"I wish you had gone," I said. "Joel Chandler Harris was a good man, as were his closest associates."

"No," he replied, "it was no use. He and they had no question in their minds about the status of the Negro as a separated, lesser citizen. They perhaps were kind men, as you say. They unhesitatingly lived up to a paternalistic role, a sort of noblesse oblige. But that was all. The status slowly had become immutable insofar as the South's leaders of that time were concerned. Booker T. Washington had helped them rationalize it. I do not think that he meant to do so. But he did. In fact, he put a public stamp of acceptance on it there in your city when he spoke at the Atlanta Exposition."

"I've read that address many times," I said. "I also have talked with men who saw and heard him deliver it. They've told me of the tremendous drama of that day. They said that when he came to his key paragraph, he began it by holding up both arms, the fingers of each hand spread wide, and said, 'In all things that are purely social we can be as separate as the fingers, yet as the hand' -- and here Washington quickly clinched each hand -- 'in all things essential to mutual progress.'"

DuBois nodded.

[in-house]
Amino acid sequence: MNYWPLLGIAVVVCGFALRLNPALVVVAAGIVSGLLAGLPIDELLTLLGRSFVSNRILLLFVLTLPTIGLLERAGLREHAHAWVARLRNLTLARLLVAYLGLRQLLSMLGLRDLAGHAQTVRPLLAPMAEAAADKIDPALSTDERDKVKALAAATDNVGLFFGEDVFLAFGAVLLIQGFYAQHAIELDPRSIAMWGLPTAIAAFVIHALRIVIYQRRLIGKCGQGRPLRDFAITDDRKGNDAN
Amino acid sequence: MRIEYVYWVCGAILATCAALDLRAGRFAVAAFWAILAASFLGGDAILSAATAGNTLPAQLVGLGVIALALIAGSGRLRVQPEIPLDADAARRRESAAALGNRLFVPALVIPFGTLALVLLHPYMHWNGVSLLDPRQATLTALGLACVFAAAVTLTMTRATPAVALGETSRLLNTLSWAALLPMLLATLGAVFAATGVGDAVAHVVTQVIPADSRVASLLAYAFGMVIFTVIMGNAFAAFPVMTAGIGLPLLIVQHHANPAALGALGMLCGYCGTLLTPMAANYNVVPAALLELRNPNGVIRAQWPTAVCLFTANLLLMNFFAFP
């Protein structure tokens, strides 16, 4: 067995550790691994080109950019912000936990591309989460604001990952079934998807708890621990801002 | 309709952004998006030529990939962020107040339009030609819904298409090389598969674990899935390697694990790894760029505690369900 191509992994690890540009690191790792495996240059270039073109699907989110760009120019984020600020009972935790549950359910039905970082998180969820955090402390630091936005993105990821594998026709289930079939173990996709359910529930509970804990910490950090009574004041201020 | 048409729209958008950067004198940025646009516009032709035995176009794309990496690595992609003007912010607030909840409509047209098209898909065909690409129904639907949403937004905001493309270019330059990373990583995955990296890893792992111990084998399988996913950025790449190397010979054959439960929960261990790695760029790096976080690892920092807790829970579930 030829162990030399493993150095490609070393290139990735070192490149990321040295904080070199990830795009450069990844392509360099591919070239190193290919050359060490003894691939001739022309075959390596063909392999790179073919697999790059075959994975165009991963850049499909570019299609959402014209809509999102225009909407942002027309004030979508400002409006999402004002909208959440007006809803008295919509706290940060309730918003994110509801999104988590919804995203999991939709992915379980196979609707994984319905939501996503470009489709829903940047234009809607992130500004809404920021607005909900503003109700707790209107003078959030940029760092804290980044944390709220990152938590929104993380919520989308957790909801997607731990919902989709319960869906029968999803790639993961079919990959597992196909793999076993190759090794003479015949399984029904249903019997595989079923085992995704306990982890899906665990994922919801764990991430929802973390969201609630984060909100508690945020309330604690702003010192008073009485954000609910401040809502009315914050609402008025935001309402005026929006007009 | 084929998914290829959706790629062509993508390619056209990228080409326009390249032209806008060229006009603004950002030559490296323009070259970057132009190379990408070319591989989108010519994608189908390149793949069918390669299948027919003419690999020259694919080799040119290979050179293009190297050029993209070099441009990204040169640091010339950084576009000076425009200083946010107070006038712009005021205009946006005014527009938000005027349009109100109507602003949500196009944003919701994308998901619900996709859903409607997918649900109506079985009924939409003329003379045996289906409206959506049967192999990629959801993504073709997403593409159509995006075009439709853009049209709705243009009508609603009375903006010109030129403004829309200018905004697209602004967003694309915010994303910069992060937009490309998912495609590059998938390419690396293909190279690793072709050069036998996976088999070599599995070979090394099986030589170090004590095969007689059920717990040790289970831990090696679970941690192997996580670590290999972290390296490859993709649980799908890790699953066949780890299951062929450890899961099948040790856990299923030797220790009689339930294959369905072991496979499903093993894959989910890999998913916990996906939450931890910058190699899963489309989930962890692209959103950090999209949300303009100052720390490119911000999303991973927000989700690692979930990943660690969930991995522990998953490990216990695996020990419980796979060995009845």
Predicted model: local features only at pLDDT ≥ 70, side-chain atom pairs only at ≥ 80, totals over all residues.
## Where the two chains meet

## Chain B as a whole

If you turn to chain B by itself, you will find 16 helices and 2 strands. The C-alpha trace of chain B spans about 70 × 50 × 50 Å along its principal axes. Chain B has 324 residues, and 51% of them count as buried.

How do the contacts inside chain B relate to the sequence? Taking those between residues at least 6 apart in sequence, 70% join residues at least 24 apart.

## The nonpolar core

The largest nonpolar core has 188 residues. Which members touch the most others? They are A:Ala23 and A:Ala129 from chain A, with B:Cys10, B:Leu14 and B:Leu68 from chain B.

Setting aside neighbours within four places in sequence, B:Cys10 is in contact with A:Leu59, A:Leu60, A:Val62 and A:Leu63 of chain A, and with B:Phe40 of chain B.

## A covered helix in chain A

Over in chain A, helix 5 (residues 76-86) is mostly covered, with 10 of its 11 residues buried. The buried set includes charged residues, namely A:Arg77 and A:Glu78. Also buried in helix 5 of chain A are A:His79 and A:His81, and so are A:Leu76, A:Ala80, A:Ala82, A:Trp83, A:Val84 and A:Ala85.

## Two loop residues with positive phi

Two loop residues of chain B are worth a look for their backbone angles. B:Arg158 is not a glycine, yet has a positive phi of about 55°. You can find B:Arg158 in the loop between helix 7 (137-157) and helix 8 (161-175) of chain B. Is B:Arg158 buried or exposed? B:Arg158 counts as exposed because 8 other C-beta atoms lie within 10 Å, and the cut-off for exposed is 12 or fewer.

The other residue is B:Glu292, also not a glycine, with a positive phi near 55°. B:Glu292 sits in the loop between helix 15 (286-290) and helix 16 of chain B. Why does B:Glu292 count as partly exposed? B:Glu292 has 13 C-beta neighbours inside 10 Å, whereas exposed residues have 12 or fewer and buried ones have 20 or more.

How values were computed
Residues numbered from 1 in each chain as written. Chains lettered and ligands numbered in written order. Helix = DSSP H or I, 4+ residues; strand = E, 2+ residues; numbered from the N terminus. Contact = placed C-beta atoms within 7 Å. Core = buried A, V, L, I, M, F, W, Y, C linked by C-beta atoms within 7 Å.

"I know," he said, "and in that same speech he implicitly abandoned all political and social rights."

There was a long pause.

"I never thought Washington was a bad man," he said. "I believed him to be sincere, though wrong. He and I came from different backgrounds. I was born free. Washington was born slave. He felt the lash of an overseer across his back. I was born in Massachusetts, he on a slave plantation in the South. My great-grandfather fought with the Colonial Army in New England in the American Revolution." (This earned the grandfather his freedom.) "I had a happy childhood and acceptance in the community. Washington's childhood was hard. I had many more advantages: Fisk University, Harvard, graduate years in Europe. Washington had little formal schooling. I admired much about him. Washington," he said, a smile softening the severe, gaunt lines of his face, "died in 1915. A lot of people think I died at the same time."

"Could you pinpoint the beginning of the controversy and break between him and you?"